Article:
"Thus, oxygen-producing organisms (algae) were placed directly next to the oxygen consuming cells such as the nerve cells in the brain," Straka said. "Upon illumination, the algae then produced oxygen which was used for energy production in the nerve cells, which rather soon restarted to function again and thus the algae rescued the brain activity."

Other scientists were enthusiastic about the results. "The authors employ an elegant and easily reproducible experimental approach to examine the effects of activation of photosynthetic organisms as a way to directly increase oxygen levels in the brain," Diana Martinez, a neuroscientist at Rowan University in New Jersey who was not involved in the study, said in an email to The Scientist. Martinez called the study "an important first step in using natural resources to address pathological impairments" that deplete oxygen in the brain, such as heart attack and stroke.

However, Martinez noted there are reasons that such a thing might not work in humans, at least not exactly in the same way. Part of that has to do with the nature of the tadpoles used in experiments, and how they differ from humans in their physiology. 

"Xenopus laevis tadpoles are transparent and light can easily pass through the skin to activate photosynthetic machinery to produce oxygen. Use in more complex animals would . . . be difficult, as light does not easily traverse the skin and may not reach the vasculature to activate the photosynthetic organisms," she said.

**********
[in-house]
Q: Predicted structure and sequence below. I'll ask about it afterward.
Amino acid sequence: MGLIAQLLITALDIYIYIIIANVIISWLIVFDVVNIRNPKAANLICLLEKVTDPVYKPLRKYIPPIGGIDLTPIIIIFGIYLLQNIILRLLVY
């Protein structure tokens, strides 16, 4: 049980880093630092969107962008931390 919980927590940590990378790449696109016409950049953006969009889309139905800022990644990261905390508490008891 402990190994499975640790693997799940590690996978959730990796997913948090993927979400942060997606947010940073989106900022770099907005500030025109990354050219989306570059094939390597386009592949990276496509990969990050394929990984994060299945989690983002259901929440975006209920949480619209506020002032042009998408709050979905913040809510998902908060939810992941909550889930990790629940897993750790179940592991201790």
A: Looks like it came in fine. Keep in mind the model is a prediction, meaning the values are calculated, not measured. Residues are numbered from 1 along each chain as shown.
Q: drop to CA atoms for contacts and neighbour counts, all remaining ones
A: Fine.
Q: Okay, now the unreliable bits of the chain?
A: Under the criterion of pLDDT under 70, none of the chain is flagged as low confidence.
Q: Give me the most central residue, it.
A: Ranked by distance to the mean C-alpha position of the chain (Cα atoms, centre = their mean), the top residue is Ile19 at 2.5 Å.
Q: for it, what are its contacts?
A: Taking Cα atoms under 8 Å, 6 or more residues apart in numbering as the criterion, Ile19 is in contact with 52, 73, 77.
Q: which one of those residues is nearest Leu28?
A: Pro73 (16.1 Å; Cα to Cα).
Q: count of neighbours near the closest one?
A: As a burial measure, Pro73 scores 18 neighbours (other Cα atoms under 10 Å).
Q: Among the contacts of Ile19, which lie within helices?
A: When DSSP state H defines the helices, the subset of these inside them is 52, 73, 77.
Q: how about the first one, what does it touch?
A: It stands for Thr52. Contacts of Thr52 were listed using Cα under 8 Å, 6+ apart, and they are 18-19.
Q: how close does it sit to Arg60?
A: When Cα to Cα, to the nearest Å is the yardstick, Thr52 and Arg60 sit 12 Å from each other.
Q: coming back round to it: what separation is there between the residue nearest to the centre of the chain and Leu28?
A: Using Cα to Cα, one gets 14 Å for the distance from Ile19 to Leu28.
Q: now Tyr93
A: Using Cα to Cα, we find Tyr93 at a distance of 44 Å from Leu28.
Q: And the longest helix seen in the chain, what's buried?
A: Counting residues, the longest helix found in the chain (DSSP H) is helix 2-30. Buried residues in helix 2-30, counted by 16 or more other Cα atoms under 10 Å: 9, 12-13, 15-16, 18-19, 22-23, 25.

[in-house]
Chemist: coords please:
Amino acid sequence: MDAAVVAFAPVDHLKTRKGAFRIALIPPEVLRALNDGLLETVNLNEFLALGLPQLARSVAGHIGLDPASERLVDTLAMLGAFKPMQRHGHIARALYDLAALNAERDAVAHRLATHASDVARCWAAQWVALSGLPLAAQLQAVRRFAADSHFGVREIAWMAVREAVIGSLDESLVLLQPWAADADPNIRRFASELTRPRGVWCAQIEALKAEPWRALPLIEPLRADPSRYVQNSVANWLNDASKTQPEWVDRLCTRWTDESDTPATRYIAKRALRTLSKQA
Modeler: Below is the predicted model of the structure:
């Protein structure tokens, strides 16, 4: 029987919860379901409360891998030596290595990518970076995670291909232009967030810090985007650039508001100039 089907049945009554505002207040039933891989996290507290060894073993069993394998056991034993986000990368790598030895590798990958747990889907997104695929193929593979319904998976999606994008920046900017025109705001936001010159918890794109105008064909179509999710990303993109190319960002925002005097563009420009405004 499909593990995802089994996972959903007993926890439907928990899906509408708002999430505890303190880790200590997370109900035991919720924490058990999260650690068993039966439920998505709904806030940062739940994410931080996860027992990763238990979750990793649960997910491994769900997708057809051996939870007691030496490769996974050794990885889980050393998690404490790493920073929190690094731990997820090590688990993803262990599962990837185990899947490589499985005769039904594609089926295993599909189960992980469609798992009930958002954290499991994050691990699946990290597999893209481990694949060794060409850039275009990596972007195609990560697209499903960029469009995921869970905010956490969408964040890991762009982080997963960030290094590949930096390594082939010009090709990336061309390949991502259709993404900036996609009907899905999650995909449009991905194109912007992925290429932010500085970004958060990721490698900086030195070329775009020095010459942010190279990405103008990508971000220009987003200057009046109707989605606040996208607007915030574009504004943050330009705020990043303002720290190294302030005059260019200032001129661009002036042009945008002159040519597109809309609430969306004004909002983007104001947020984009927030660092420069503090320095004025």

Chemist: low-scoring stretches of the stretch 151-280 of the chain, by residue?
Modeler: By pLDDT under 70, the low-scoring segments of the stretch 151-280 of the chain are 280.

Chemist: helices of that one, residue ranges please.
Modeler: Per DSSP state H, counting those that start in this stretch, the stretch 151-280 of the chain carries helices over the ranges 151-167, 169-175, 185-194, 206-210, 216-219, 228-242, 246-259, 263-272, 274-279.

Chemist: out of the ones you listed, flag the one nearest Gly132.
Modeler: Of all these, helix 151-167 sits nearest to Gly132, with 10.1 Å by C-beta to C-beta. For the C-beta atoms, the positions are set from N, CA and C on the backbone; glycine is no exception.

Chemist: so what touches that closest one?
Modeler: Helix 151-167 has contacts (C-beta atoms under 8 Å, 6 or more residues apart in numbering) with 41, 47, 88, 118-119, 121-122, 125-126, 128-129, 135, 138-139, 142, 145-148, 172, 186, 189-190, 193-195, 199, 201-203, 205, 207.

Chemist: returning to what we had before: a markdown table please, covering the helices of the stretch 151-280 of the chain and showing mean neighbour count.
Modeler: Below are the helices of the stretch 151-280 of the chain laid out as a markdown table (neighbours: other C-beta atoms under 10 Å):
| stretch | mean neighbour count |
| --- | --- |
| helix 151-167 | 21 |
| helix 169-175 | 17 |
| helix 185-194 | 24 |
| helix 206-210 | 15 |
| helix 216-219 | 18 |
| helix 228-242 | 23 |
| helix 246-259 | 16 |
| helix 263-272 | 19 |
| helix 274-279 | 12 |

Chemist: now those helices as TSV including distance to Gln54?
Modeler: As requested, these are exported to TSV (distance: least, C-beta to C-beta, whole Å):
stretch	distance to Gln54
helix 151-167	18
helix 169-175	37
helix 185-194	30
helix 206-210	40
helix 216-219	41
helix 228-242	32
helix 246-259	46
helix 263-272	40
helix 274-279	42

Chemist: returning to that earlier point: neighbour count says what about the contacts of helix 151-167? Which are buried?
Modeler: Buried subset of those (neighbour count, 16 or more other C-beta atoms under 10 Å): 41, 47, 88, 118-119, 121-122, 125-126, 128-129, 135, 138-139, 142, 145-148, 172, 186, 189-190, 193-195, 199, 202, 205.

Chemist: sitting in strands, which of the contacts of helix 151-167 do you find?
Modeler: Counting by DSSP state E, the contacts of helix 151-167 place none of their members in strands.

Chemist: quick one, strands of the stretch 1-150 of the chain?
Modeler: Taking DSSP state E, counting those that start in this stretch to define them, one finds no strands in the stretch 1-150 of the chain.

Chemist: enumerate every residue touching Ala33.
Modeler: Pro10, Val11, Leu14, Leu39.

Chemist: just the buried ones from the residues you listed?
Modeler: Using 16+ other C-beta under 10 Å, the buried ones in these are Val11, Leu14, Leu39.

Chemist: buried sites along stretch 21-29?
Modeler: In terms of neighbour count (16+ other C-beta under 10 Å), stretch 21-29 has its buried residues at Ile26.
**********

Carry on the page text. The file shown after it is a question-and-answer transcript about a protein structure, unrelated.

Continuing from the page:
Indeed, algae are photosynthetic, meaning they require the presence of light in order to photosynthesize carbon dioxide into oxygen. The human brain — or really, the inside of the human body in general — is not exactly known for being well-lit.

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Likewise, as Martinez noted, too much of a good thing is not a good thing: excess oxygen in the brain can also cause brain injuries.

"Thus, the inability of oxygen levels to be controlled properly through the use of these photosynthetic organisms would therefore be just as detrimental as the hypoxia itself," she adds.

Straka said other potential adverse effects to consider are a potential "immune reaction of the algae in the host." Plus, as Straka noted, "during plant photosynthesis, oxygen is only one 'byproduct.'" Sugar is another one, which "might also be used to provide energy to the host."

However, if some kind of futuristic "algae therapy" does become a medical reality, it opens up all kinds of sci-fi avenues for humans — particularly, the idea of being able to receive oxygen in one's cells without breathing. 

"Over the last decade, there are quite a few projects where people have been trying to set up artificial symbiotic associations with algae, in order to augment in some way or manipulate vertebrate physiology, which is really radical," Ryan Kerney, a biologist at Gettysburg College, told The Scientist.

"But the potential implications are also just fascinating to speculate about: Can we get away from breathing as a way to keep our brains going?"

By Nicole Karlis

Nicole Karlis is a senior writer at Salon, specializing in health and science. Tweet her @nicolekarlis.